3 Things To Know About Birth Control and Menopause - Famasi Africa
Menopause is that time in a woman's life when she loses her childbearing fertility. It starts within 12 months after the last menstrual cycle. And the transition often begins between the age of 45 and 55
When it comes to women's health, there are many discussions. One of them is birth control. And its evolving nature makes it one of the most confusing topics.
This is because hormones in our bodies don't react the same from person to person. There are often differences. And birth control has a significant influence on other health experiences, like menopause.
In this article, we'll discuss the following:
- The meaning of menopause
- Signs of menopause while on the pill
- Whether birth control causes early menopause
- Whether birth control delays menopause
What is the meaning of menopause?
For a woman to be pregnant, she must have eggs that can be fertilized by sperm. But before fertilization, the immature eggs stay in the egg follicle, which is in the ovaries.
The ovaries need estrogen to grow the egg follicle. But when a woman is close to menopause, her estrogen level significantly drops. This makes it almost impossible to be pregnant.
Thus, menopause is that time in a woman's life when she loses her childbearing fertility. It starts within 12 months after the last menstrual cycle. And the transition often begins between the age of 45 and 55.
Signs of menopause while on the pill
Women may experience menopausal symptoms while on the pill, but this doesn't mean that their birth control is ineffective. Most women who still have regular menstrual periods and have taken birth control as directed can remain on their current prescriptions.
However, if you're experiencing unusual symptoms, you should talk to your Care Specialist about changing your birth control method.
The most common signs of menopause while taking the pill include:
- Hot flashes, mood swings, night sweats, and sleeping problems.
- Irregular periods that become heavier or lighter than usual.
- Vaginal dryness and pain during sexual intercourse.
If you're experiencing any of these symptoms, it's best to speak with your health care provider about whether the pill is right for you.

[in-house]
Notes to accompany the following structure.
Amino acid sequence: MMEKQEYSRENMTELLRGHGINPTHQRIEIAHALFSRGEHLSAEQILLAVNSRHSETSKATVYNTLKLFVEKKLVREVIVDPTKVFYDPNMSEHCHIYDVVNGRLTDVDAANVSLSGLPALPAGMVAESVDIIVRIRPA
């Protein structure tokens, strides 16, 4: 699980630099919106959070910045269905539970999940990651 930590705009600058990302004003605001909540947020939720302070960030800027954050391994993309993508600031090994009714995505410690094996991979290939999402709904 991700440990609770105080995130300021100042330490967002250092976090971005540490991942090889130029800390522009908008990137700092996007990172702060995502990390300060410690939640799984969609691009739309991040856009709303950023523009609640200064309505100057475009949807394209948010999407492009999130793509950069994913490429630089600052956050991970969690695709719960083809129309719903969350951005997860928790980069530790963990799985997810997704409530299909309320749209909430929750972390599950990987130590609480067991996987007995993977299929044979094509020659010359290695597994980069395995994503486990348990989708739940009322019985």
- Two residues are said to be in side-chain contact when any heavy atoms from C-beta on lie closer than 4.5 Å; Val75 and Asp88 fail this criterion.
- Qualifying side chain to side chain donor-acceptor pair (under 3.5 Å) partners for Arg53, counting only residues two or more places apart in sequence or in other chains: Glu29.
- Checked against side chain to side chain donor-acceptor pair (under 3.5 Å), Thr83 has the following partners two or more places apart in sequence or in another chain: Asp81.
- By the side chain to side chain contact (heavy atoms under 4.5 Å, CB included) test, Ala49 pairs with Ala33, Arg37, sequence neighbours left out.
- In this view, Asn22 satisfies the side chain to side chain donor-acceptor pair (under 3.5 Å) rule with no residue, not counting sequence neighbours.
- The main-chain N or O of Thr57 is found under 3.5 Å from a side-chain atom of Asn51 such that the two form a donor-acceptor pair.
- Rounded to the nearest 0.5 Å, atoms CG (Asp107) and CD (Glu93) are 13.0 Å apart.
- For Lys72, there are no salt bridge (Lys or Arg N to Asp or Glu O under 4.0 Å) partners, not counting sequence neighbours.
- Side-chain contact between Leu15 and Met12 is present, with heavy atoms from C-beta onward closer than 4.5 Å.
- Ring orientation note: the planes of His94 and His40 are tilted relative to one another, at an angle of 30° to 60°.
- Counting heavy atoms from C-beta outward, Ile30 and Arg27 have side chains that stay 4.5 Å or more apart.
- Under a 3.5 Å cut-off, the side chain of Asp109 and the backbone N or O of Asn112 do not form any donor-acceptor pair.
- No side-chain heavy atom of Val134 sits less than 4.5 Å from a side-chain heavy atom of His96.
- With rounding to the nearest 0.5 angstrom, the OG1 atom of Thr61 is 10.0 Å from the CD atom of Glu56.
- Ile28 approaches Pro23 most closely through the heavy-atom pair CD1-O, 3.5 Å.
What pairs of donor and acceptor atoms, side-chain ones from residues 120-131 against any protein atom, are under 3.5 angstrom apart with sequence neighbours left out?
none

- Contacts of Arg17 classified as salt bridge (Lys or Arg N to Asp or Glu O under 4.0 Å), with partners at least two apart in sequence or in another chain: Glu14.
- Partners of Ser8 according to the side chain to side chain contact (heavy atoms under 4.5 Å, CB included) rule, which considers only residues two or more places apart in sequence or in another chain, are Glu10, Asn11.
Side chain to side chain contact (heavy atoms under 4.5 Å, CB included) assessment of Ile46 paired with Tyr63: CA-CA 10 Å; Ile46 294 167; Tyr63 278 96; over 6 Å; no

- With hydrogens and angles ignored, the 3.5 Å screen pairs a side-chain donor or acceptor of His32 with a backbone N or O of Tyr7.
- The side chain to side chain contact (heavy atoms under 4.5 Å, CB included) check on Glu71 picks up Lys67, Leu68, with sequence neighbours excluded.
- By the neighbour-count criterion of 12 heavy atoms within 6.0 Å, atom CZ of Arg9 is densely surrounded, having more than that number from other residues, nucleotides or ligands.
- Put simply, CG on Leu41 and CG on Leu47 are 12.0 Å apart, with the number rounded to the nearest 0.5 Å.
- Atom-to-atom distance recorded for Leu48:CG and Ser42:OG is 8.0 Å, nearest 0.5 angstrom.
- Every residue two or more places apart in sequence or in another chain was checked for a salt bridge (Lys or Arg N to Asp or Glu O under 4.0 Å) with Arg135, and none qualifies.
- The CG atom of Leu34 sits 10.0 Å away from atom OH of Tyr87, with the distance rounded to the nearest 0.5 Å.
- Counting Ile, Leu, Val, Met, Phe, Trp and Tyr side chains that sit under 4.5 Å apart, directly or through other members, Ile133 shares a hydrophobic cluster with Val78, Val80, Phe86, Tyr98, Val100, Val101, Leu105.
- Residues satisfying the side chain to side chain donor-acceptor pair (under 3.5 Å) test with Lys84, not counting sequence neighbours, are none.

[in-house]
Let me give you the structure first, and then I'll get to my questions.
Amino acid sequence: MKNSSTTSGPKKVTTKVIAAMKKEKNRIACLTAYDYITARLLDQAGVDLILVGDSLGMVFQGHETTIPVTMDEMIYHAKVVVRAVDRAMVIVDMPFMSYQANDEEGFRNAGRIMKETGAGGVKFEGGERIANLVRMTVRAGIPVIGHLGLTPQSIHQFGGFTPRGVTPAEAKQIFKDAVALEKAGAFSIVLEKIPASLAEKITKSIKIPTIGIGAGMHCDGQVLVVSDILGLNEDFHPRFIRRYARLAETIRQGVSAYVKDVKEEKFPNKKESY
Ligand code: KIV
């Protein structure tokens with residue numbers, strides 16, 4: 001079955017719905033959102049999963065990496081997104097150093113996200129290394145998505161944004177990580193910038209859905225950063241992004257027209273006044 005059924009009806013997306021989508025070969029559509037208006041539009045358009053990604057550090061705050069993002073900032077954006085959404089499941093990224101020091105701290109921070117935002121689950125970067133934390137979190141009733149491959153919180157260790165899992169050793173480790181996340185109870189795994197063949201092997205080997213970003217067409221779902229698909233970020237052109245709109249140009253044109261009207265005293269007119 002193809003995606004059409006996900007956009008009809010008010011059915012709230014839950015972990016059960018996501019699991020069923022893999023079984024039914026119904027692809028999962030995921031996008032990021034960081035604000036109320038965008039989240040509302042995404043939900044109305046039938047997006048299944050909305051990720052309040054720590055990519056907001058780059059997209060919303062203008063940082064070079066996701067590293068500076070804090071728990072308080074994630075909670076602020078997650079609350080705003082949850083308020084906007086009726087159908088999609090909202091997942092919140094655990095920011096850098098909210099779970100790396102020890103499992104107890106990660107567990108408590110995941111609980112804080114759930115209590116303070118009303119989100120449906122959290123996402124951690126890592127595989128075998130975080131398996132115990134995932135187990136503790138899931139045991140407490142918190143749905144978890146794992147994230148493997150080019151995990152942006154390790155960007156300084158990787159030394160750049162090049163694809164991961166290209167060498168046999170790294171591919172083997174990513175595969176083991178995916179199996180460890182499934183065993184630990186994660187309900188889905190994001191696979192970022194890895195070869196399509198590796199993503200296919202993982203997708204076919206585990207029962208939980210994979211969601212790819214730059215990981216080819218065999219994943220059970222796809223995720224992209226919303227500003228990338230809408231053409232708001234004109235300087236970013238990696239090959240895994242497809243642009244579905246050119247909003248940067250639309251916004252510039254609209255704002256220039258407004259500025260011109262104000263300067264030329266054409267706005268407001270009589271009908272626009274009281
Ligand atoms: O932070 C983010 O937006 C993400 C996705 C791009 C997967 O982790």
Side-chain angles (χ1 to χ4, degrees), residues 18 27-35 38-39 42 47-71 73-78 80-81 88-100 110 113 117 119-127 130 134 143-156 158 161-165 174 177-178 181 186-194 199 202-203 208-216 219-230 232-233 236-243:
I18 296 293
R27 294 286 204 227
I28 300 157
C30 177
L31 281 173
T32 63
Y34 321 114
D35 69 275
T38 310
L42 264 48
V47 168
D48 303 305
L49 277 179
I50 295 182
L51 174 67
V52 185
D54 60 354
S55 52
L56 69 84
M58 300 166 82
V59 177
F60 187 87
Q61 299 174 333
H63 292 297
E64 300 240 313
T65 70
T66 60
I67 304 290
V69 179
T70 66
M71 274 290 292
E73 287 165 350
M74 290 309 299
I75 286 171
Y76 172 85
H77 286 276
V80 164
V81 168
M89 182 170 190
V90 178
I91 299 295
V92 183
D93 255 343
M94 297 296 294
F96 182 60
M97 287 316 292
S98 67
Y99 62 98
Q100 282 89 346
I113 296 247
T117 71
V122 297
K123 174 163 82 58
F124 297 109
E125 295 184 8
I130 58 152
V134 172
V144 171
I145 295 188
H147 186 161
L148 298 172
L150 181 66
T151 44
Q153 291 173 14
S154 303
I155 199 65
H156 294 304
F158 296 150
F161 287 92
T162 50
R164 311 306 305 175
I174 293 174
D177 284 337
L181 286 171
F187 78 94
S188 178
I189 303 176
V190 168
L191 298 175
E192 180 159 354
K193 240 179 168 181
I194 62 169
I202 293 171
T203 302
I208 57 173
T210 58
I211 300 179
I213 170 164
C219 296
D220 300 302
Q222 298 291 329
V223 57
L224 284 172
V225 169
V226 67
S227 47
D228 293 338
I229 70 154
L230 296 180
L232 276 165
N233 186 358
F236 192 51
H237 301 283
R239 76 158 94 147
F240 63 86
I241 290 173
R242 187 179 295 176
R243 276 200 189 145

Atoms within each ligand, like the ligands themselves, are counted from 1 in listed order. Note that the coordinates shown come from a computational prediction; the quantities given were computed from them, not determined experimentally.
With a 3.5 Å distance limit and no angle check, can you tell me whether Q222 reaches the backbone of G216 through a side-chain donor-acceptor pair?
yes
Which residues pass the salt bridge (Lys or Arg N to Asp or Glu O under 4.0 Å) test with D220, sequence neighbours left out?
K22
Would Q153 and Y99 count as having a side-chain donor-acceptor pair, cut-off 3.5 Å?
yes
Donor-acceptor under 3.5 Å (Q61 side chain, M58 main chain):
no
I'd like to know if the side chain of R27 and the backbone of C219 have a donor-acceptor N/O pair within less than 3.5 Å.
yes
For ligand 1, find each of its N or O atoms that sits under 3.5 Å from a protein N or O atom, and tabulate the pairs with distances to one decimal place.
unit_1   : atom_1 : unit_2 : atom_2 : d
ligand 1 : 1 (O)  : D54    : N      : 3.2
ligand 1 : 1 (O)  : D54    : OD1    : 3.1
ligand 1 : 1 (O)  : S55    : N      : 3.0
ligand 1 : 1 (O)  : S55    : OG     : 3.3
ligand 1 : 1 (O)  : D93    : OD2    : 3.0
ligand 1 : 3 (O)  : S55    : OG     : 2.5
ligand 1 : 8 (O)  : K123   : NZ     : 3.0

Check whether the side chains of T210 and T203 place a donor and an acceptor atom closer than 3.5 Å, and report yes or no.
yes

But if you're using hormonal birth control, you may not experience these symptoms of menopause because the hormones in your birth control should keep your levels of estrogen steady.
Can birth control cause early menopause?
You may have heard that taking birth control can cause early menopause. This misconception has been floating around for years, but there's no evidence linking them.
The change in hormones caused by birth control has no effect on when your menopause will start.
For example, some women go through changes in hormone levels during perimenopause — a period before menopause officially begins. It's normal for your period to become irregular during this time.
Because hormonal contraceptives influence your menstruation, a sudden stoppage in intake may seem like you've skipped perimenopause altogether and started menopause. This is common when you've been taking your contraceptive for a long time.
But it's just your body's natural response to the sudden lack of synthetic estrogen and progestin or progesterone. Your period will stop until your body adjusts to being without the birth control hormones.
In some cases, this can mean having no more periods for several months before they start again. Your menstruation will then continue normally until natural menopause occurs.
Can birth control delay menopause?
No, birth control cannot delay menopause.
The hormones used in contraceptives regulate your menstrual cycle — they don't prevent menopause.
For example, birth control pills work by preventing ovulation (releasing an egg from your ovaries). The pill also changes the lining of your uterus and thickens cervical mucus to make it more difficult for sperm to reach an egg that may be released during ovulation.
The role of birth control methods, even outside contraceptive functions, doesn't include delaying menopause.
Women today have many options for birth control. From the pill to the contraceptive patch to injections and more, it's up to you to decide which contraceptive method is best. If you find that birth control pills are no longer effective for you, don't be afraid — there are plenty of other birth control options out there.